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Corps restores tuition assistance money

Funds will begin flowing before end of February, officials say

Feb. 3, 2014 - 06:00AM   |  
A Marine works on a college homework assignment at Camp Leatherneck, Afghanistan. The Corps will spend $44 million on tuition assistance in fiscal 2014, Marine officials say.
A Marine works on a college homework assignment at Camp Leatherneck, Afghanistan. The Corps will spend $44 million on tuition assistance in fiscal 2014, Marine officials say. (Cpl. Ned Johnson / Marine Corps)

After months of reduced funds and uncertainty about the future, a robust Tuition Assistance Program is back, according to Marine officials. Within weeks, millions more dollars will become available to help Marines pay for school.

“Hopefully, now we have sufficient funding for the remainder of the year so that every Marine who wants can take advantage of the benefit,” said Shawn P. Conlon, head of the Personal and Professional Development Branch within the Marine and Family Readiness Division at Marine Corps Base Quantico, Va.

Due to ongoing budget uncertainty relating to sequestration, and the delay in passing a federal budget, just $3.5 million — less than a third of the money that had been expected — was available for tuition assistance during each of the first two quarters of fiscal 2014, which began Oct. 1. Those funds dried up within about two weeks of the start of each quarter, forcing many Marines to pay for school entirely out of pocket or delay taking a course.

But with the president’s signing of the Consolidated Appropriations Act of 2014 on Jan. 18, which includes funding for all Defense Department programs, more than $12 million flowed into the TA pipeline just for the second quarter alone.

In all, approximately $44 million will go to the Marine Corps’ TA program in fiscal 2014 which ends Sept. 30. That includes $3.5 million for the first quarter, $15.5 million for the second quarter, $13 million in the third quarter and $12 million in the fourth quarter.

Conlon hopes that will be enough to provide tuition assistance to about 26,000 Marines, including 1,000 officers, the same number of Marines who took advantage of the program last year. Ultimately, it is difficult to predict how many will do so, Conlon said. Last year was atypical because the tuition payments were suspended for a number of months. This year has also been abnormal because of the initial delay in the assistance program, which didn’t begin until late October due to the government shutdown.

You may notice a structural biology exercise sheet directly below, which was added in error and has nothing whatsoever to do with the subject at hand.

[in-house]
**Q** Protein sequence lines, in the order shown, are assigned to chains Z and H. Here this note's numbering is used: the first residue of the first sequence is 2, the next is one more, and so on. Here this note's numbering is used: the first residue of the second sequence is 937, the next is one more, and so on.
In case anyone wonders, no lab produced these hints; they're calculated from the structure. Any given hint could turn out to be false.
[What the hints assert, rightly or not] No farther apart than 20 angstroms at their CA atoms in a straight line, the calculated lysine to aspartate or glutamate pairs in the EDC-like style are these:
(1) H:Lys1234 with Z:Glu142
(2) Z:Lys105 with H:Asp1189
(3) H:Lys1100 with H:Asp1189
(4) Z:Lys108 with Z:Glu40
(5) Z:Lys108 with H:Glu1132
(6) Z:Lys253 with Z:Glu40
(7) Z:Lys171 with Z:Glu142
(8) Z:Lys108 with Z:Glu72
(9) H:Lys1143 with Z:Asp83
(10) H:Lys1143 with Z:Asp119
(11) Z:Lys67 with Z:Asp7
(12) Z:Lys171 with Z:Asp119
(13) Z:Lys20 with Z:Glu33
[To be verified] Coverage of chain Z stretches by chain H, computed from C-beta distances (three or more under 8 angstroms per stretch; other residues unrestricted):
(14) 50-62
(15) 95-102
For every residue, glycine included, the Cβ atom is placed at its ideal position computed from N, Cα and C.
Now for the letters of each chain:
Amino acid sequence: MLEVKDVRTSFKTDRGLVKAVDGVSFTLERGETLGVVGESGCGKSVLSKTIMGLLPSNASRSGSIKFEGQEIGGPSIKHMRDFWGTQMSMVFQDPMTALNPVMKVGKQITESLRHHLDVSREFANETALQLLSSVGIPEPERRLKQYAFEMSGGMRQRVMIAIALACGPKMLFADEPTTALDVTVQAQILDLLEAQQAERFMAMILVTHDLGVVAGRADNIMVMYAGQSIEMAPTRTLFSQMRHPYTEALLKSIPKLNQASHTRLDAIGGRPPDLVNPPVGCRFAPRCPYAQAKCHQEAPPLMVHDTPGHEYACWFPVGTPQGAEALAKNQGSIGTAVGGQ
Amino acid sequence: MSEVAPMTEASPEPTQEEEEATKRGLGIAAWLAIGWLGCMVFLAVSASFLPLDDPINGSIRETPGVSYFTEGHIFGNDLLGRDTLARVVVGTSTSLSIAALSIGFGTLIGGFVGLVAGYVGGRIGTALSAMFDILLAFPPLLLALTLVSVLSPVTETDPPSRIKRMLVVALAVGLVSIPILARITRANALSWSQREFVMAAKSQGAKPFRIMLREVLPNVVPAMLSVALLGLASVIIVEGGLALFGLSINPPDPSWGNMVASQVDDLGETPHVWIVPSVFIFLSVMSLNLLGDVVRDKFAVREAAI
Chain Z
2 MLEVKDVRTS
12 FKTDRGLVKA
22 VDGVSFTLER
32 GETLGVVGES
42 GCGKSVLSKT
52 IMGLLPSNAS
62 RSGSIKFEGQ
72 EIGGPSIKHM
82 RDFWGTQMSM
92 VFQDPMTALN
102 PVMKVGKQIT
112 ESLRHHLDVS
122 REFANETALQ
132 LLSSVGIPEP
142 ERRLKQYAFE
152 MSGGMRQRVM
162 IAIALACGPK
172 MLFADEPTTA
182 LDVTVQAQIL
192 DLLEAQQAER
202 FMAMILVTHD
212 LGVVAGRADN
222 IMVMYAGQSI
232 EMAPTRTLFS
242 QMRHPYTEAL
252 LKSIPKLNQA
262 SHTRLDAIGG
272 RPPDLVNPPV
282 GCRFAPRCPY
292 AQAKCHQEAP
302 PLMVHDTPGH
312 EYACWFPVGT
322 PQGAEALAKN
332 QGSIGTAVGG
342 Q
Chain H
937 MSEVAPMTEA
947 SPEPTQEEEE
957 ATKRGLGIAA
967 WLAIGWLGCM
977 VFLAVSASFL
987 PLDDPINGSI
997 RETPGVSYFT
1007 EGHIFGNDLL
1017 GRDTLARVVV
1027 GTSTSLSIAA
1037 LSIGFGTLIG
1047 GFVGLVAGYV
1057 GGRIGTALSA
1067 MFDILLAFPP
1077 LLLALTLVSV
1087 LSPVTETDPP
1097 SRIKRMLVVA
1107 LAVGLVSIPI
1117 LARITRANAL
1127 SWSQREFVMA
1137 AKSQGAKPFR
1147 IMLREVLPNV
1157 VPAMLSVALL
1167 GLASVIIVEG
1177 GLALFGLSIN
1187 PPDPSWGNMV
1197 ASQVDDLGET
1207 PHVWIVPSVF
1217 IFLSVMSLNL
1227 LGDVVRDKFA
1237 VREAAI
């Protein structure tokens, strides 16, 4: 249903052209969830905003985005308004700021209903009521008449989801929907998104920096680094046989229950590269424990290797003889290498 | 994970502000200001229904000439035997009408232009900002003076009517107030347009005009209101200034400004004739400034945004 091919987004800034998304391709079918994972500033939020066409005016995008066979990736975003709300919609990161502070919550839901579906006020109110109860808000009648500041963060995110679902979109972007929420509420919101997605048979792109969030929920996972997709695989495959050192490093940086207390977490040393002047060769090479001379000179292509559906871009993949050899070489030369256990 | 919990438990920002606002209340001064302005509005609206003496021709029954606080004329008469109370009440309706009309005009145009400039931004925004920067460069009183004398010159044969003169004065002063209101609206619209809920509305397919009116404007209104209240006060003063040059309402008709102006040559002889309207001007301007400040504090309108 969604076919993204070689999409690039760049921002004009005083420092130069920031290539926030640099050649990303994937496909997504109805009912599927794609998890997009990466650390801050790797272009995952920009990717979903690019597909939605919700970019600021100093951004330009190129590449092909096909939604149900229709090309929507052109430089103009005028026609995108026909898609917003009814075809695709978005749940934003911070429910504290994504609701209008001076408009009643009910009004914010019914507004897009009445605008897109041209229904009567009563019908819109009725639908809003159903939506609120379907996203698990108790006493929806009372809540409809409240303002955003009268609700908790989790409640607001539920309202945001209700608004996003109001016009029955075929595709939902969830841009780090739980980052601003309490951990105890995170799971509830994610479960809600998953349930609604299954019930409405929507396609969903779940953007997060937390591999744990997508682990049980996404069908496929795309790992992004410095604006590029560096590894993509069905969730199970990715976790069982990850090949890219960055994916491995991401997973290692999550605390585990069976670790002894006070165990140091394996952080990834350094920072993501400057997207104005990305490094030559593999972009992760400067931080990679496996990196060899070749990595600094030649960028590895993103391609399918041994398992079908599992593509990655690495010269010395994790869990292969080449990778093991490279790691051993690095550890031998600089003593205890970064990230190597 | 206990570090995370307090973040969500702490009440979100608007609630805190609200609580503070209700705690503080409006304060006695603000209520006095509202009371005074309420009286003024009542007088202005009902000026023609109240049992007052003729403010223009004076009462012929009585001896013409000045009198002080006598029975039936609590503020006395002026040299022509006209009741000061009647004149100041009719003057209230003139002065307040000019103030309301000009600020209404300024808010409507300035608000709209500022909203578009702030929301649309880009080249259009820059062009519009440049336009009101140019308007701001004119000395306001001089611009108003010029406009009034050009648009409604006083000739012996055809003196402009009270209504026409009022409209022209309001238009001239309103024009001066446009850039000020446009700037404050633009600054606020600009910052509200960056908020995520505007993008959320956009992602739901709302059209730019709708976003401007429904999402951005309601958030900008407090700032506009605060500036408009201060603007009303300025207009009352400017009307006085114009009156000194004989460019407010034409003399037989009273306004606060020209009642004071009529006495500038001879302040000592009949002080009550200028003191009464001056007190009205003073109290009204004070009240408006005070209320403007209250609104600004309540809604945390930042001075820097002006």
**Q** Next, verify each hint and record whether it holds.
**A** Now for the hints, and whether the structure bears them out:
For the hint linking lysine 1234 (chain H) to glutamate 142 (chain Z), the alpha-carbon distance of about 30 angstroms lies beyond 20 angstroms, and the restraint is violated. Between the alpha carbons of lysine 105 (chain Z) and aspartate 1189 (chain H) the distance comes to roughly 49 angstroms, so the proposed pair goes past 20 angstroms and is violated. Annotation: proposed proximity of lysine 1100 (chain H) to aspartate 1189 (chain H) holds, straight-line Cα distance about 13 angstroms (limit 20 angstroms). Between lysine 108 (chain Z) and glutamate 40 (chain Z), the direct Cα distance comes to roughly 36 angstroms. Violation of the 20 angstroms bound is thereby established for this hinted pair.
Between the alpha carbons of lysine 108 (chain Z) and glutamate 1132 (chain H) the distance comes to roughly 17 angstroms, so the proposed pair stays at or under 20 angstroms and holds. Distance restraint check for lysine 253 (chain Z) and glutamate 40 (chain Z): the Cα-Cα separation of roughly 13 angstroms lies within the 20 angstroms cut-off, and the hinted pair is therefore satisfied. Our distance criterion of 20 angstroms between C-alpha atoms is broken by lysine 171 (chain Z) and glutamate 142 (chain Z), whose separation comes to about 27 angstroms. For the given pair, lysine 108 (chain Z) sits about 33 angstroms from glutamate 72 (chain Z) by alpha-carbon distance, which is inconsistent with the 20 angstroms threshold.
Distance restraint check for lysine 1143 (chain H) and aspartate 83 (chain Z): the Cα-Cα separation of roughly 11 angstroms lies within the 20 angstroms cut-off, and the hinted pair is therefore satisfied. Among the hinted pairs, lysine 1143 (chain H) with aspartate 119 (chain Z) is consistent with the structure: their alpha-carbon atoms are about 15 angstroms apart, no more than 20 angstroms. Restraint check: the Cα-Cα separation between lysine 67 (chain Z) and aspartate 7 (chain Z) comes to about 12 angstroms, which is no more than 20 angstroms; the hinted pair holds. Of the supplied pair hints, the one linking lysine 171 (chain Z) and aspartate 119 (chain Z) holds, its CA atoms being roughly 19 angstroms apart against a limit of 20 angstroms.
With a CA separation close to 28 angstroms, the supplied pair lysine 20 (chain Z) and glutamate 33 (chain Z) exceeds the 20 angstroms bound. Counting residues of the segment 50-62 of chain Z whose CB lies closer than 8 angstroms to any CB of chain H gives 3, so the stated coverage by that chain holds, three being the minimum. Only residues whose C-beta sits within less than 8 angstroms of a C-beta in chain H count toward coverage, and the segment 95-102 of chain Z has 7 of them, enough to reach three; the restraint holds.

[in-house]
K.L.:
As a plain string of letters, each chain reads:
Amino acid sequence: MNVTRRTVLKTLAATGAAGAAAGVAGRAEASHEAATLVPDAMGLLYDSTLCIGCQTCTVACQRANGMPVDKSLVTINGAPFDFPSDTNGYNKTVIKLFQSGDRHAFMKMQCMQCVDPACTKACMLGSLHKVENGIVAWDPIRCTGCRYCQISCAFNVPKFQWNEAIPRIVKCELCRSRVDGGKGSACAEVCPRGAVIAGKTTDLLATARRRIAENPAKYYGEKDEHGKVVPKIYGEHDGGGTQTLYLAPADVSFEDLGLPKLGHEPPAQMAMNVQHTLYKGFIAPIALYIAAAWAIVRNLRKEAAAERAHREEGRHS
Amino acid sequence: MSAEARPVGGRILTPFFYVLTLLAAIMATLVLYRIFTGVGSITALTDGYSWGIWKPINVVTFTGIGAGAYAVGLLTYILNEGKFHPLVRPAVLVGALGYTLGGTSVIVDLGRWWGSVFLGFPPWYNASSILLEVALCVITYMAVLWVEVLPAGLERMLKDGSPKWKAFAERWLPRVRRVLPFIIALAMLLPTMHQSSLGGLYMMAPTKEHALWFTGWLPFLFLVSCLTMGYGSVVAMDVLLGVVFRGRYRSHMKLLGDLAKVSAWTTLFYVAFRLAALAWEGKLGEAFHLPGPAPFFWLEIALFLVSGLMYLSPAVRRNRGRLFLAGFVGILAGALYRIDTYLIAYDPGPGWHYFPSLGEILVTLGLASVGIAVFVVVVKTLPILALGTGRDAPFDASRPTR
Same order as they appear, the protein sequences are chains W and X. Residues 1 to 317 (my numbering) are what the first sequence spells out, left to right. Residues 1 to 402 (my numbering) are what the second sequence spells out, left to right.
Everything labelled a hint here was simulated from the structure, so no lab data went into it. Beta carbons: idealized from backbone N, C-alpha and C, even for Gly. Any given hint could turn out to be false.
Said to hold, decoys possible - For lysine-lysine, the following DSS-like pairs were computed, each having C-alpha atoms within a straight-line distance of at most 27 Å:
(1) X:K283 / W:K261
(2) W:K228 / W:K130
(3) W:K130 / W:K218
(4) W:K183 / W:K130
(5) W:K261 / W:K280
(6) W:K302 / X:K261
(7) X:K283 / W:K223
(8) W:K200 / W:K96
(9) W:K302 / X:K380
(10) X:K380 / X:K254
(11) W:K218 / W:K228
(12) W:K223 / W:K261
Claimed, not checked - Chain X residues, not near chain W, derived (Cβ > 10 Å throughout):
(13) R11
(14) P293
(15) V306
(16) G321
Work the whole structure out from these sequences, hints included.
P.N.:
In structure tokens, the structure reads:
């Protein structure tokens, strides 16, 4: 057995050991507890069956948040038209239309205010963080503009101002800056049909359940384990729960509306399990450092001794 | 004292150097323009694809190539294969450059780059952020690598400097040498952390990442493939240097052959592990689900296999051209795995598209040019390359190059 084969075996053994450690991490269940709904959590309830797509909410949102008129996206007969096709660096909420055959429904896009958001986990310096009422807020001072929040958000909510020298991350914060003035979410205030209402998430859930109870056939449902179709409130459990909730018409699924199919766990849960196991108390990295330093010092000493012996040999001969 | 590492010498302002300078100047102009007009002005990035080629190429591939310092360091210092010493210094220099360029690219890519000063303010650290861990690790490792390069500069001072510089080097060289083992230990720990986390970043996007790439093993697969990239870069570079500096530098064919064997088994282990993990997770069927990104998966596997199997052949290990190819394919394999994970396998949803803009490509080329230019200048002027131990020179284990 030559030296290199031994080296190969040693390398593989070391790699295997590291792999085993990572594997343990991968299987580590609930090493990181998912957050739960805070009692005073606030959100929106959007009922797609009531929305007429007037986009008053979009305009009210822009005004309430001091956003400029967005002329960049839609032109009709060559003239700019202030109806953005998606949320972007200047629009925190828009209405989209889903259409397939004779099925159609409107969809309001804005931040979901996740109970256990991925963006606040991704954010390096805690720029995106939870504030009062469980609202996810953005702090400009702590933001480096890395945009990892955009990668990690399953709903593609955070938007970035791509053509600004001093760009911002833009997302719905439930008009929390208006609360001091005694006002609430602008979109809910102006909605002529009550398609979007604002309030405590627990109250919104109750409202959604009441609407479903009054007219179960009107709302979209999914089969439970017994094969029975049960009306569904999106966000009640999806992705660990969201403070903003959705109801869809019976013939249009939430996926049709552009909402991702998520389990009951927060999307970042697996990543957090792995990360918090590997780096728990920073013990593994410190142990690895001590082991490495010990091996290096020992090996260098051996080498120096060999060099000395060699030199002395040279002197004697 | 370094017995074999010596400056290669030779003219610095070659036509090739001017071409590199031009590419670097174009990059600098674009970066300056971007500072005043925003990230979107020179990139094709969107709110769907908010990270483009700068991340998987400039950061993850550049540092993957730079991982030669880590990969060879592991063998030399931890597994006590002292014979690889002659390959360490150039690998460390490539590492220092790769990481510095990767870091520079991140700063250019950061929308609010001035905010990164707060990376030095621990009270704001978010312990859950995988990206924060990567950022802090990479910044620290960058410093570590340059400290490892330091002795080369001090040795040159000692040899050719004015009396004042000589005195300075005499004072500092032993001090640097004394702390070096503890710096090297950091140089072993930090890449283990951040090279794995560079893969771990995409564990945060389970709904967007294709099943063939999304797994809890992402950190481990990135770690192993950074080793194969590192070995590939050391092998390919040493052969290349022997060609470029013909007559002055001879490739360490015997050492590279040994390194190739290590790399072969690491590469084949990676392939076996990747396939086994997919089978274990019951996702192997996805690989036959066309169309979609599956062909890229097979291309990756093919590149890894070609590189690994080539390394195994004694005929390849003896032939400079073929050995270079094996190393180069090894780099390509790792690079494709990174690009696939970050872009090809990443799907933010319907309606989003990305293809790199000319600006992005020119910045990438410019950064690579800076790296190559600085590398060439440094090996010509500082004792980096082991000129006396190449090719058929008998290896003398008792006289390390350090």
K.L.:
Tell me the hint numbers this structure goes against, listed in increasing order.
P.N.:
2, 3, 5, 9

An end to confusion

It’s been a rocky 12 months for Marines who use the assistance to pursue a college degree.

In response to sequestration and military-wide budget cuts that began in fiscal 2013, the Marine Corps and other services canceled TA programs in March. But after a barrage of complaints from service members and their families, Congress ordered the services to reinstate the programs in April.

Right before the start of fiscal 2014, the Corps toughened its requirements to qualify for TA, bringing them more closely in line with the Navy, which overhauled its own program several years ago. Marines must now have at least 24 months time-in-service before using TA. First-time students can only receive assistance for one course while they establish an academic track record.

Funds approved for classes that are later failed will count toward the $4,500 annual maximum and assistance will only be approved for a single course following a semester in which a Marine’s grade-point average falls below 2.5, he or she receives a “D” or voluntarily withdraws from a course.

Despite the temporary cancellation of the program and the tougher requirements, Defense Department Comptroller Robert Hale told reporters near the start of this fiscal yearthat there are no plans to cut back TA substantially.

With the Marine Corps’ entire $44 million request secured, Marines applying for TA are likely to receive $250 per course. That level of funding will still leave many Marines with an outstanding tuition balance. While many schools specializing in distance education for military members now create class fees that align closely with the tuition assistance program’s maximum payment per course, others are considerably more expensive.

“The average class at the average school is about three semester hours and costs about $750,” Conlon said.

Some Marines will therefore have to rely on other types of funding or pay the difference out of pocket.

Conlon strongly encourages Marines who are figuring out how to finance their education to visit their local base education staff, who can walk them through the wide variety of funding options, including scholarships, grants, loans and Montgomery or Post-9/11 GI Bill benefits.

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